FEMALE FANSEditor: I enjoyed your feature story about the...


August 07, 1994


Editor: I enjoyed your feature story about the popularity of dTC sports talk on Baltimore-area radio stations by Tim Warren ["On the Air, Everywhere," June 26]. However, as one female listener (and caller) to all of these shows, I was not happy about the remark made by one talk sports show host who stated "women sit around and discuss their soap operas while men talk about sports."

I would like to enlighten your readers that there are quite a few of us women out there who would rather get Rafael Palmeiro's autograph than Luke Perry's, who know the Orioles' batting order and their current stats, and can hold their own on the radio with Jeff Rimer, Rex Barney, Stan the Fan and Nasty Nestor.

It would have been refreshing if Mr. Warren had contacted one of us for our opinions on the state of sports talk radio in Baltimore, but since nobody asked us, I'd like to comment that I've always been treated with respect, and have never been cut off or been told I didn't know what I was talking about. I find sports talk shows a good outlet for my frustrations when the team is not doing well, and a fun way to talk to some of my favorite players when they are guests. Please convey my thanks to Mr. Warren for writing an article I could relate to.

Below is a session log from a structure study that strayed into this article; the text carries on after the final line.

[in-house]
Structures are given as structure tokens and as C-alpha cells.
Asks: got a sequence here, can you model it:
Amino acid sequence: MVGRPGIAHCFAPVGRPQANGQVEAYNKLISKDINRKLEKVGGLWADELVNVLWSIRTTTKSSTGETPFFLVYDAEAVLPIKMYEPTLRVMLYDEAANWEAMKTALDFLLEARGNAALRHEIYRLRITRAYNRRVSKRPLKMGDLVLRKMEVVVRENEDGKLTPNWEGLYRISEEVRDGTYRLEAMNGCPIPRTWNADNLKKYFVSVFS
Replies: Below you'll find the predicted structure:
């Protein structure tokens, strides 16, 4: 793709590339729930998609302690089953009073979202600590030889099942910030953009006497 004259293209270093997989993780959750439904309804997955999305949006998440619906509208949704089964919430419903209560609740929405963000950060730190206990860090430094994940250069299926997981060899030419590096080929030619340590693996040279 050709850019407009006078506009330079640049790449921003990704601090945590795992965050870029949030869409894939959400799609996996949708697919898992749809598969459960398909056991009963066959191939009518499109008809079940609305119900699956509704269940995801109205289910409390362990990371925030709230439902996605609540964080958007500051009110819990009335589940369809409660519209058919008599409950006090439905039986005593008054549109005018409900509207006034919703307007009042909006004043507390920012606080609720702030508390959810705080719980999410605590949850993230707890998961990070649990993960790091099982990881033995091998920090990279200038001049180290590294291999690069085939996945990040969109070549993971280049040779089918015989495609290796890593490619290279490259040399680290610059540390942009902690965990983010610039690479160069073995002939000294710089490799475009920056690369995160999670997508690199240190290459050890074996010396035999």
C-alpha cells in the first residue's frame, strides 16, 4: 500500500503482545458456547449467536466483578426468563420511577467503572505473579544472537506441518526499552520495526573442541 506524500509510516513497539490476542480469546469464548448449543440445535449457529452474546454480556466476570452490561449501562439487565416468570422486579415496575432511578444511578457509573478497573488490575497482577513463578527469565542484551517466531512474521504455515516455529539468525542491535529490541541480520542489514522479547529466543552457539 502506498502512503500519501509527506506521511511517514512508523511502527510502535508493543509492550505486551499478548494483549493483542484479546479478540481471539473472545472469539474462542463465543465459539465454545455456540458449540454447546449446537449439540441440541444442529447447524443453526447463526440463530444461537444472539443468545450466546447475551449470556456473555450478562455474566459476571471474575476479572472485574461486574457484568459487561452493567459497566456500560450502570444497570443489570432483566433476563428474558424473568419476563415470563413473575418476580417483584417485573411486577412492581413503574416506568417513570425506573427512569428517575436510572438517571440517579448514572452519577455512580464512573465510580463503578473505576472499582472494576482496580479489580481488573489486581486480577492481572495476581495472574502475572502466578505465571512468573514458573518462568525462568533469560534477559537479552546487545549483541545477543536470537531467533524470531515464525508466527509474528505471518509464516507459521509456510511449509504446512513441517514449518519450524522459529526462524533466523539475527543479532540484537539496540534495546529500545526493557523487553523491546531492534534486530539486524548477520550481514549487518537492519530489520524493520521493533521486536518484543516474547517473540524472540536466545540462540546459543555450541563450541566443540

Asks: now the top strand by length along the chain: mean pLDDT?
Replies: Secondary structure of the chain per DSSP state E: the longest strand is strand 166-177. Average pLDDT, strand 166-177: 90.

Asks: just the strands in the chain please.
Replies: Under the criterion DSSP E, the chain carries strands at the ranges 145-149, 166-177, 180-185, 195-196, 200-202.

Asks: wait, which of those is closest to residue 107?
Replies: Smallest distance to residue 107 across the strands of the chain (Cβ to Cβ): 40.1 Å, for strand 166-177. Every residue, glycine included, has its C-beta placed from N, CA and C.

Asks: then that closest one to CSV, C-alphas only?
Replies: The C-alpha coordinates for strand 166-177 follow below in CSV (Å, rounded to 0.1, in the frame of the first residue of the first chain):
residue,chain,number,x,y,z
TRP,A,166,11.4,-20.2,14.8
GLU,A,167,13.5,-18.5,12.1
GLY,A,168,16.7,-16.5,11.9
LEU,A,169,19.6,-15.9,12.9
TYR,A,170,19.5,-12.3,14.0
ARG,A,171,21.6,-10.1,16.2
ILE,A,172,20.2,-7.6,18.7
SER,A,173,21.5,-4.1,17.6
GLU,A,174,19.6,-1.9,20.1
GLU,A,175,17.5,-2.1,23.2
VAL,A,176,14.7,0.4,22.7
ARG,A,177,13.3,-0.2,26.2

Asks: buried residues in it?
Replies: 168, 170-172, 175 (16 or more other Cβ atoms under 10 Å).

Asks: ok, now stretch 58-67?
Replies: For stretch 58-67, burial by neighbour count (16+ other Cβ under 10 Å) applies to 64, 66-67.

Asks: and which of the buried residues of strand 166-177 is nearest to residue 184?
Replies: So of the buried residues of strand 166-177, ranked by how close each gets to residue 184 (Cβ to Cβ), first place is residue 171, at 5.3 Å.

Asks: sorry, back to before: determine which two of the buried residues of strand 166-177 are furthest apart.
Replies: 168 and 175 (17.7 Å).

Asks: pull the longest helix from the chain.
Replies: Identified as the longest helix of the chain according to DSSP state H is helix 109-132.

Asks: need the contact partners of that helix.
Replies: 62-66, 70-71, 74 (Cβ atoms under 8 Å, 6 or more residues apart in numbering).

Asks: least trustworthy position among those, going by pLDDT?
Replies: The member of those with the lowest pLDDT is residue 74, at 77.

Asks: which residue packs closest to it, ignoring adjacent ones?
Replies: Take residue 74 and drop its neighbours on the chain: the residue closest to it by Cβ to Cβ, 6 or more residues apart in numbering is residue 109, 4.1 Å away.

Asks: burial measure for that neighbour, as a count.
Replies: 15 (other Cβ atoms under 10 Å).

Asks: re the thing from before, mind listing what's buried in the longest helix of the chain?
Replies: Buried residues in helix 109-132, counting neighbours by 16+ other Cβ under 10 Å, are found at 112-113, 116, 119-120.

Hetty Haden



Editor: As a recent arrival in Baltimore, I genuinely enjoyed your June 26 issue of Sun Magazine. It was a real treat to read Tim Warren's piece on the nuances of the local sports talk radio scene and Rob Kasper's piece about variations in crab-picking methods -- "Getting Picky About Crabs."

What was excellent about both of these pieces was that both Mr. Warren and Mr. Kasper were able to delve into quintessentially ++ local concepts without succumbing to the temptation of loading these pieces with local terminology that would have rendered them unintelligible to someone new to the area. Instead, they captured the essence of these peculiarly local topics, with enough pizazz, but without forcing me to decipher an inside joke.

Mike H. Klein


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